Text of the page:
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Ehgadsman t1_ja234pr wrote

this is possibly some really bad science. rock climbers specificly look for areas of a rock face without loose material and without vegetation, areas were plants can live are dangerous to climb. so any areas climbers have been using are areas they found to be devoid of things like moss and lichen and cliffside foliage. of course there are exceptions but they are rare.

as well, the amount of climber accessed rock versus untouched rock is tiny, probably .001% or less. It takes special conditions to make a route up a rock face attractive to climbers.

this reminds me of helping with a government survey of mollusks on a commercial dive boat where they looked at sandy areas the rock dwelling mollusks could not survive and counted those areas in the survey as habitable zones, thus coming up with a very inaccurate count of the species numbers per square meter or 'reef'.


jadbal t1_ja3hc83 wrote

If you’ve never participated in establishing new climbing routes, you may be underestimating the amount of cleaning that is usually required. We climbers don’t look for areas without loose rock and vegetation so much as we clean loose rock and vegetation while establishing new routes.


Moose-Daddy t1_ja59dok wrote

I have to agree with Jadbal here. Frequented routes are usually clean and without loose rock, but that isn't because routes are only established on clean solid rock, it is because routes are cleaned and trafficked. I've seen local clean solid routes have access prohibited by the powers that be and develop lichen and plant life within several years. Least frequented routes are always the dirtiest. Just like a hiking trail that is being "rested for rehabilitation". It really does come down to whether the volume of routes is a significant portion of the ecosystem. I'd imagine in the western portion of the country where the geography is still young and abound with cliffs it'd be less substantial. Over here on the east coast is different, cliffs are few and far between and climbers flock to every square foot of cliff face to get their fix, myself included.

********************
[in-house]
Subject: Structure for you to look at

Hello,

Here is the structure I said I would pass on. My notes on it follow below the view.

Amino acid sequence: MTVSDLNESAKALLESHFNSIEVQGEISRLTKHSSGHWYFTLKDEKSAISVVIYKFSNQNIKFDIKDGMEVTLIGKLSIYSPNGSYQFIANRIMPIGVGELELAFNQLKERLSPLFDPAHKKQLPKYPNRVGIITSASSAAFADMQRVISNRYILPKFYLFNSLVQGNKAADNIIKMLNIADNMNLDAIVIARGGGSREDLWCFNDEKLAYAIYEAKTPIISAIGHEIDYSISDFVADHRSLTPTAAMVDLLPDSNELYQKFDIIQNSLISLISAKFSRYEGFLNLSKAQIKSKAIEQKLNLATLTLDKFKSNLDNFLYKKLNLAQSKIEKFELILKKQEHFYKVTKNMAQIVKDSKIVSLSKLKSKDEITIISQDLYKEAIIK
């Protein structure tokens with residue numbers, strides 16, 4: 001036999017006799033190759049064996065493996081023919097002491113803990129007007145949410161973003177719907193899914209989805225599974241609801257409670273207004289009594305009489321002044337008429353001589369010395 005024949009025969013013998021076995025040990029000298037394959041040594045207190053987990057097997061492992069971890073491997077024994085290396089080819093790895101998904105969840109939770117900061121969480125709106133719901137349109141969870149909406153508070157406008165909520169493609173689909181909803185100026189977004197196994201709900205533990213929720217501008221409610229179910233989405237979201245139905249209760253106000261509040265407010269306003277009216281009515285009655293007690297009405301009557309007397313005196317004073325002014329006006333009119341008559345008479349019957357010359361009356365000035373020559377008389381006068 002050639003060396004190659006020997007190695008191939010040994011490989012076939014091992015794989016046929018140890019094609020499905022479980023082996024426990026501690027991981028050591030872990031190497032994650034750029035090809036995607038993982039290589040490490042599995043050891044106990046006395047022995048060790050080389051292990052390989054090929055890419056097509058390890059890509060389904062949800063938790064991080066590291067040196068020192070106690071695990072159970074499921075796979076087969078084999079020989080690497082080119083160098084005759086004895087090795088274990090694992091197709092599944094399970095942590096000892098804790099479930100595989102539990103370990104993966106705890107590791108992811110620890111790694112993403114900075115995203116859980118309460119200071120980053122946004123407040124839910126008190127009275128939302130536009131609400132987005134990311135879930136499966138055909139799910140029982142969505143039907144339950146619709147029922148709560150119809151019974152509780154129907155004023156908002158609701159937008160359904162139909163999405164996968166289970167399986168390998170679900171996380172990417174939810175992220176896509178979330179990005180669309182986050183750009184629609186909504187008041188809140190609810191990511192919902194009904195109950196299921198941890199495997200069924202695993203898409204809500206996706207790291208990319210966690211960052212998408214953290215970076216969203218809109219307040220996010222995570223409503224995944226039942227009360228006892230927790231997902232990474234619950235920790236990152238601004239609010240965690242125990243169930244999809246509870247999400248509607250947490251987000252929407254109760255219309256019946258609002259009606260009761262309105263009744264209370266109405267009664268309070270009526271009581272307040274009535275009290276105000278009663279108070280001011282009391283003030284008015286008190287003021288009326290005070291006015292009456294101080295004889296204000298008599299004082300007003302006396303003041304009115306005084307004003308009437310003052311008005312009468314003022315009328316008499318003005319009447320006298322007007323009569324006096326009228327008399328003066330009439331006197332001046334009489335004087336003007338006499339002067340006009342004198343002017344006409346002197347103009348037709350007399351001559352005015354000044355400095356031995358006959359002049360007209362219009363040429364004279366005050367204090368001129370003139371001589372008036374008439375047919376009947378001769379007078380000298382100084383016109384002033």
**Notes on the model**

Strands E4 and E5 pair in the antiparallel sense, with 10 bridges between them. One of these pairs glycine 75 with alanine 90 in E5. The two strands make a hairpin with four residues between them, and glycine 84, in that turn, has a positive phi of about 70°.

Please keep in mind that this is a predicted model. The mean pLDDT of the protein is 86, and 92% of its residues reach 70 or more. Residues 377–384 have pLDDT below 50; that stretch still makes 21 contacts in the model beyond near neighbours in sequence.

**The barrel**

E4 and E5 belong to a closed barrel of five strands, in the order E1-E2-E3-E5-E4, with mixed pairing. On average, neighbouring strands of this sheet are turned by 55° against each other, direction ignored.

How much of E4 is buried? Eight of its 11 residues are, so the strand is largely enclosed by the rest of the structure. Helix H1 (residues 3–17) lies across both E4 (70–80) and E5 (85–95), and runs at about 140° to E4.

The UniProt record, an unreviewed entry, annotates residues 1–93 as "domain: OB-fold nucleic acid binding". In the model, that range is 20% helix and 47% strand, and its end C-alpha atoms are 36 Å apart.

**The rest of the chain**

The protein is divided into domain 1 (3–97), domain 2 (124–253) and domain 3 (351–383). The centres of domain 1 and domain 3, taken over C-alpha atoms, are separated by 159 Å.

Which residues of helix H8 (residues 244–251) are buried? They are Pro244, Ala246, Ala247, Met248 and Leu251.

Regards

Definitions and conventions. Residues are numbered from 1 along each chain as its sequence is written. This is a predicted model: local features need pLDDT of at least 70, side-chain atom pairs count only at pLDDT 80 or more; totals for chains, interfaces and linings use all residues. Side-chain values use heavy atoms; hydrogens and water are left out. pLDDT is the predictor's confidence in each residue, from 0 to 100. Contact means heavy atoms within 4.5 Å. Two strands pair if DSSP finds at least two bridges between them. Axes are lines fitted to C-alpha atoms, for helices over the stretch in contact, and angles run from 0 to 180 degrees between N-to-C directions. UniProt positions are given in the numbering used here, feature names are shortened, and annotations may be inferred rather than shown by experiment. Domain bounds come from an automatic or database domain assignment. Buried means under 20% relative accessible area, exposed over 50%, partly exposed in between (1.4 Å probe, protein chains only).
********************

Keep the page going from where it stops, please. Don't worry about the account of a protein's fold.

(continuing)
ghostofpostapocalive t1_ja51y24 wrote

Every single rock face I see is attractive to me, it just depends on how much time I want to spend cleaning a route. Sometimes it's a lot. There are only so many first ascents left on the planet ;)


ItchyK t1_ja4prq0 wrote

Somebody needed to make up a problem to make a "report" on so the government will keep giving them money.


MakeMineMarvel_ t1_ja16sbx wrote

Plants: I know the perfect place to stay safe. The side of a cliff! No predators there.

Humans: sike you thought


mayayahee t1_ja29hxn wrote

Where there's climbers there's also hikers and mountain bikers too. Also, there's sooo much rockface that climbers would love to touch, but can't and never will. Like way less than 1%


billsil t1_ja5hs3z wrote

Mountain bikers destroy trails. At least climbers are pro-environment. Don't leave trash, pick up other people's trash, follow the park rules regarding pets, etc.

New routes are definitely cleaned and there are effects there, but I'd imagine the effects are a lot less than what a hiker would do.


Reasonable_Ticket_84 t1_ja8zc4q wrote

>Mountain bikers destroy trails.

Where I live, mountain bikers are the ones maintaining the trails both from construction to long term maintenance and cleaning. The dog walkers with their dogs off the lease are the ones trespassing on the trails marked by the state as no pets to go harass wildlife and leaving their empty bottles of soda everywhere.


nnomadic OP t1_jaa7ktl wrote

Outdoor sports people in general usually do some mutual aid protection of their playgrounds.


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Kickstand8604 t1_jab4iky wrote

Must have been a slow week for the author.